Monday, December 31, 2018

The Real Value Of Education

The small, landlocked South Asian Kingdom of Bhutan uses an index called "Gross National Happiness" to guide all of it's economic and development plans. They take it very seriously and the success or failure of every governmental policy is measured according to this index. One must even submit a GNH impact statement for review before undertaking any new endeavor, public or private, that may impact on the general well-being of the nation.

I just mention that by way of pointing out that there are ways other than money, perhaps even better ways, to assess the real value of an economic activity, just as there are ways other than test scores and grades, perhaps better ways, to assess the real value of education.

For instance, I've never come across a standardized test that measures the ability and willingness to take turns, but everyone knows that it's one of a happy life's most essential skills.

And you're sure not going to get very far if you don't work well with others, but you don't see that on any of the corporate academic assessment matrixes.

Or how about curiosity? I'll take curiosity over knowing the capital of Bhutan any day. (It's Thimphu. I was curious and looked it up.)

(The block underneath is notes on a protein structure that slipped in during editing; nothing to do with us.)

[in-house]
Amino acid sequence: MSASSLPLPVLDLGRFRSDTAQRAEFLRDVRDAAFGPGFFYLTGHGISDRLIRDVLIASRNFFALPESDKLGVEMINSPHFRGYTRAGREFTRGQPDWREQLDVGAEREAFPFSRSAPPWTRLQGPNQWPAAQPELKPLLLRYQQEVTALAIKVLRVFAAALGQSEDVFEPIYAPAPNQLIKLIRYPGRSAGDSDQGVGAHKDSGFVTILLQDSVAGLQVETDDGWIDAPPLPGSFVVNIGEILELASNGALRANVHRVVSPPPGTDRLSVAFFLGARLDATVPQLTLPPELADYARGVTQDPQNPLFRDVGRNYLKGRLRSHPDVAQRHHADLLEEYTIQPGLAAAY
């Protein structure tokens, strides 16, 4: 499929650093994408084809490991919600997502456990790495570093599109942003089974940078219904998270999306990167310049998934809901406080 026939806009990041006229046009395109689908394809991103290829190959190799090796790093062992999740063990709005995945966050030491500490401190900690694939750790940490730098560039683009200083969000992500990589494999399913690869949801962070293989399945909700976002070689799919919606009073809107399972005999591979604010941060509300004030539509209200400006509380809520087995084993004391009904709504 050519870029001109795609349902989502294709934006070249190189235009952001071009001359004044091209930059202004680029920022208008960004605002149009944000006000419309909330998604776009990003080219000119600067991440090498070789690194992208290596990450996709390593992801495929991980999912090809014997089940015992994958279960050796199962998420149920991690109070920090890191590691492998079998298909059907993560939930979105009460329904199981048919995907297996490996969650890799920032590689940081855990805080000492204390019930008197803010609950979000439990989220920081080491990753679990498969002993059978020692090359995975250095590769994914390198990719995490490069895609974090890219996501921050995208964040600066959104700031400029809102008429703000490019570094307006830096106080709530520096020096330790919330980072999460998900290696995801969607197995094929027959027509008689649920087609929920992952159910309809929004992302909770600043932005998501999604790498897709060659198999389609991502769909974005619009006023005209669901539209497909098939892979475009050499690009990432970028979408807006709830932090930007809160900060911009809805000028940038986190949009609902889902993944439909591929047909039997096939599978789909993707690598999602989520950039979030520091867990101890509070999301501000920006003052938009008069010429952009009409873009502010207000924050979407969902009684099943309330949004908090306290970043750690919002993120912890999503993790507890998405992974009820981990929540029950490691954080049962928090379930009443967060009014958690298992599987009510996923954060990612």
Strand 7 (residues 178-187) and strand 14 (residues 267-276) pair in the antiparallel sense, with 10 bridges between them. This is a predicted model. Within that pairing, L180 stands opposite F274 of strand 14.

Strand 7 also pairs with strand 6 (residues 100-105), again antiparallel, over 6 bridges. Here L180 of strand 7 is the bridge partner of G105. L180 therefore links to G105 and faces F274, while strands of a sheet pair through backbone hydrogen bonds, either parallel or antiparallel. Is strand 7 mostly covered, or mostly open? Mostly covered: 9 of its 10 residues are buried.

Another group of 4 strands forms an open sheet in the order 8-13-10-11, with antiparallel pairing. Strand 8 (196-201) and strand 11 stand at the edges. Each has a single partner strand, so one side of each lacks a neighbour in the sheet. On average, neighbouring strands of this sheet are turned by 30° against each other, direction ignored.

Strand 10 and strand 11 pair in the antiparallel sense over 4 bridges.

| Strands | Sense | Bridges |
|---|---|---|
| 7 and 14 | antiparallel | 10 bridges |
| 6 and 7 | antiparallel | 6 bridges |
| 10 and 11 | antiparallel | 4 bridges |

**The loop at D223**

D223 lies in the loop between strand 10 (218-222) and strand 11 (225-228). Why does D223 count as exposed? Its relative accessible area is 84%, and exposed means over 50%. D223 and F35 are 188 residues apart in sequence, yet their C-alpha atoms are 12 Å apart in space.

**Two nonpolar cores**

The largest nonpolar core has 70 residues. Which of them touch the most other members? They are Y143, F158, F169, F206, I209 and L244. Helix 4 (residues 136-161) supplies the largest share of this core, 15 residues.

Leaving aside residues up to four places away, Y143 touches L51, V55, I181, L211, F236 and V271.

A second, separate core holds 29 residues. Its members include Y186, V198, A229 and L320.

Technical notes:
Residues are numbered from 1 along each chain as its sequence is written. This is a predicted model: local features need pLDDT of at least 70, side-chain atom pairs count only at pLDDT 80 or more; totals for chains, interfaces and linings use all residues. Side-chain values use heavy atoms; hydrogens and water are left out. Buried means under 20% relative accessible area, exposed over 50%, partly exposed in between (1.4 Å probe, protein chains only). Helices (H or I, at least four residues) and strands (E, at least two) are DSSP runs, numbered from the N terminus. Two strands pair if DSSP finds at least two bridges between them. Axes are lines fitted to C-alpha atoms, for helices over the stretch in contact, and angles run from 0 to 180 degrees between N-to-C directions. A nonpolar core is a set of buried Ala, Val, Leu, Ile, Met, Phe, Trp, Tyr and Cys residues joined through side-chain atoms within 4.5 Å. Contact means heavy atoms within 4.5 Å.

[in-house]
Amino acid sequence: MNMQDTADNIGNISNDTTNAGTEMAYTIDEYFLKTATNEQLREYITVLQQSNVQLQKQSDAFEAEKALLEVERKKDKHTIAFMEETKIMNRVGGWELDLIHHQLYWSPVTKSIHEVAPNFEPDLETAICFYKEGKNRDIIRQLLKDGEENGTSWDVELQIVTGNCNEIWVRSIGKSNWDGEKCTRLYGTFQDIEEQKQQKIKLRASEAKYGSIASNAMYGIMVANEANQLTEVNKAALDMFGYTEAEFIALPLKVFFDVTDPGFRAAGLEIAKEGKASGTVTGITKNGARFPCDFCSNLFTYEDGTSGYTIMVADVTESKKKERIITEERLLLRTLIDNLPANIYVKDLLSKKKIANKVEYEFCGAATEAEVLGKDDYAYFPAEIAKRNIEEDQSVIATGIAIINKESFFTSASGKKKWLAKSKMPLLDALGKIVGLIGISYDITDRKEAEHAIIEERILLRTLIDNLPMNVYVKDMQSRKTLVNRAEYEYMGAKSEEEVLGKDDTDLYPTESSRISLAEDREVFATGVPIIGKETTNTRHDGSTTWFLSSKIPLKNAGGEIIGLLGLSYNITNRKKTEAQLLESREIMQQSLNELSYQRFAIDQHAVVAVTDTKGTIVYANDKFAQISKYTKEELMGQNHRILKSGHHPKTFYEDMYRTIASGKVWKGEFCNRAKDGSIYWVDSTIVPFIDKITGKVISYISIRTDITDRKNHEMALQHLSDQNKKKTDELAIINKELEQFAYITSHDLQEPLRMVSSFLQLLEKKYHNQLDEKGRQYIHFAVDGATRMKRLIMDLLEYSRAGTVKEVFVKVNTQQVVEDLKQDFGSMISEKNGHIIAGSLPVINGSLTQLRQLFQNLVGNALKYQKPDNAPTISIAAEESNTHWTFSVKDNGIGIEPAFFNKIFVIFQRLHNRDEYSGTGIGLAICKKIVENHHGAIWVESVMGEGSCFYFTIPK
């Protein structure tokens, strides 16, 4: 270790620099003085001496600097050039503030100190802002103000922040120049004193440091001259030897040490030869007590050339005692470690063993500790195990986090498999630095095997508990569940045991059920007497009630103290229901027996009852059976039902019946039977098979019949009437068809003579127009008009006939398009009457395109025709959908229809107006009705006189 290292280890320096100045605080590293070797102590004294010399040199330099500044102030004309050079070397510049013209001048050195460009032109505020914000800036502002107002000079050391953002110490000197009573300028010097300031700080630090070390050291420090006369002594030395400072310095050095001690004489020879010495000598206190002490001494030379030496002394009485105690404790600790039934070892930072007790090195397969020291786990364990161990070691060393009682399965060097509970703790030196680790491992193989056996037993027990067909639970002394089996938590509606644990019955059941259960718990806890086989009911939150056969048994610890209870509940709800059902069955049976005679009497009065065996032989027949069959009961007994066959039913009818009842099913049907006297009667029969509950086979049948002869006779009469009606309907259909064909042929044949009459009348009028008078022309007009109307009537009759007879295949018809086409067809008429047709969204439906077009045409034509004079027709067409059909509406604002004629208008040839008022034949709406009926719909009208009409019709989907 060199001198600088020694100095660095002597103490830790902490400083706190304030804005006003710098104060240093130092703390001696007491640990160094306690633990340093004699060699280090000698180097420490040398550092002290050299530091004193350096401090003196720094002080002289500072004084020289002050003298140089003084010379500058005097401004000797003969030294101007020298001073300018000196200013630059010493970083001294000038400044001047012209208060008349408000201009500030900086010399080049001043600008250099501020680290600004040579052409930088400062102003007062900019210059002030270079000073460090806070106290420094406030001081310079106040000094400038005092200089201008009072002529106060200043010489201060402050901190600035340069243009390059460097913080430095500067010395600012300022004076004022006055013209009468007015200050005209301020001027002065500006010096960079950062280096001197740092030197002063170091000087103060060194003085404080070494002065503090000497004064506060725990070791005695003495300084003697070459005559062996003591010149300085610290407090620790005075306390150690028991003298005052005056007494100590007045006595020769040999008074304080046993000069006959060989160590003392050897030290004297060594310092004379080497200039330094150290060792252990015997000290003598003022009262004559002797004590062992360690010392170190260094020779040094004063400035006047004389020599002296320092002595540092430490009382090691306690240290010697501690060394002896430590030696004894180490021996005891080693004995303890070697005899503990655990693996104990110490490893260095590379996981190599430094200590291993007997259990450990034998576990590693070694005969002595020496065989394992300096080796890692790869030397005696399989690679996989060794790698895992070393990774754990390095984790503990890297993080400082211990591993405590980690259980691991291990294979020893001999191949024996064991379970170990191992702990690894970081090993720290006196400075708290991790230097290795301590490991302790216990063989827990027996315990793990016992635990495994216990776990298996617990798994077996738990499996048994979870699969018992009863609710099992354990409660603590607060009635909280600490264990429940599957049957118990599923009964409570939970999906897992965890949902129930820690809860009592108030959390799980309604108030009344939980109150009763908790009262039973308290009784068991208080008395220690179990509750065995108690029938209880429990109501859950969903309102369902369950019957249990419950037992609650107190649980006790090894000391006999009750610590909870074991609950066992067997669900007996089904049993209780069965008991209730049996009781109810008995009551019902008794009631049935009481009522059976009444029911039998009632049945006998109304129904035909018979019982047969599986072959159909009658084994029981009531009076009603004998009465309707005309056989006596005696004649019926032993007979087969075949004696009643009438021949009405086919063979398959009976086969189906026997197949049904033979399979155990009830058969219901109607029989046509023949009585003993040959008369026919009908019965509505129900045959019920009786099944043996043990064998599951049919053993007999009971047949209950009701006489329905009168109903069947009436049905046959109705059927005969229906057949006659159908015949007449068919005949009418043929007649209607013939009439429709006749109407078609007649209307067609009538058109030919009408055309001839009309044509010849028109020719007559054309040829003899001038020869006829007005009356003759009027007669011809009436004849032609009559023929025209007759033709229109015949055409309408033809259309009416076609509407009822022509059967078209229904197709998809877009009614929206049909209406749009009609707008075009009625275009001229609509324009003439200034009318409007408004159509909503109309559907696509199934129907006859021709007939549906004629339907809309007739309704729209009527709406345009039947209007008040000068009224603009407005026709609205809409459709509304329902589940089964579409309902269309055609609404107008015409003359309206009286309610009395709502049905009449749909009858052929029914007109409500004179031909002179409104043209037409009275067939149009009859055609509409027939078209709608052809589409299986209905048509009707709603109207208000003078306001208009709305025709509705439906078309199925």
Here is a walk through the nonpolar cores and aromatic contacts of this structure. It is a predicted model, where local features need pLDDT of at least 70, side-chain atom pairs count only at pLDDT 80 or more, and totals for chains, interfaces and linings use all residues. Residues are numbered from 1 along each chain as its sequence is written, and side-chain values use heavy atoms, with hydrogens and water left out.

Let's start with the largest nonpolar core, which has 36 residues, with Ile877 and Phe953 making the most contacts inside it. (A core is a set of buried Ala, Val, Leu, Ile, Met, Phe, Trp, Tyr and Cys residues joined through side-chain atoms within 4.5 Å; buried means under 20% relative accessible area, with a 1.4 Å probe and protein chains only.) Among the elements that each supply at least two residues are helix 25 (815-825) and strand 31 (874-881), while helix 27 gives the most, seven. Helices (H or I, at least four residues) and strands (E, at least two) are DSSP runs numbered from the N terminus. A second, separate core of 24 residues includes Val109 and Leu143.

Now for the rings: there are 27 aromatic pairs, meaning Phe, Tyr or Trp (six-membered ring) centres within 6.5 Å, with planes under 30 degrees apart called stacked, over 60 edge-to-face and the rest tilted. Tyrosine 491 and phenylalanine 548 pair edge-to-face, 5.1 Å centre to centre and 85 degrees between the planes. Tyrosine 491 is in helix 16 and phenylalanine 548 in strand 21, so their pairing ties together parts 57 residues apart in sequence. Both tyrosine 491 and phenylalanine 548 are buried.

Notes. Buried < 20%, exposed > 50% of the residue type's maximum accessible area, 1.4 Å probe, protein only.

And anyone who has studied what it takes get what you want out of life knows that boldness . . .

. . . and the willingness to take risks . . .

. . . and the ability to fall down . . .

. . . and get back up is far more important than the ability to diagram a sentence or deduce that the answer is "none of the above." What meager things we've come to expect from our schools.

A well educated person is skeptical and often full of doubt.

She looks at things closely and doesn't necessarily take my word for it.

An educated person tries new things . . .

. . . and plays dramatically with his friends, practicing the complex interpersonal skills that will ultimately get him through life.

When I'm assessing students, I want them to be able to stand on their own two feet.

And to invent new things (at least things that are new to them) . . .

. . . and to feel proud of their accomplishments.

I'm looking for kids who help others . . .

. . . and can work well on their own . . .

. . . concentrating . . .

. . . and persevering . . .

. . . and just being silly.

I want to see that they are full of awe and wonder.

And ultimately, like the King of Bhutan, I'm always looking out for our Gross National Happiness.

Because in this world if we are to be truly happy, we are to be happy together. No one can call himself educated unless he understands this. And therein lies the most important academic skill of all -- the capacity for unmitigated . . .

. . . unbridled joy.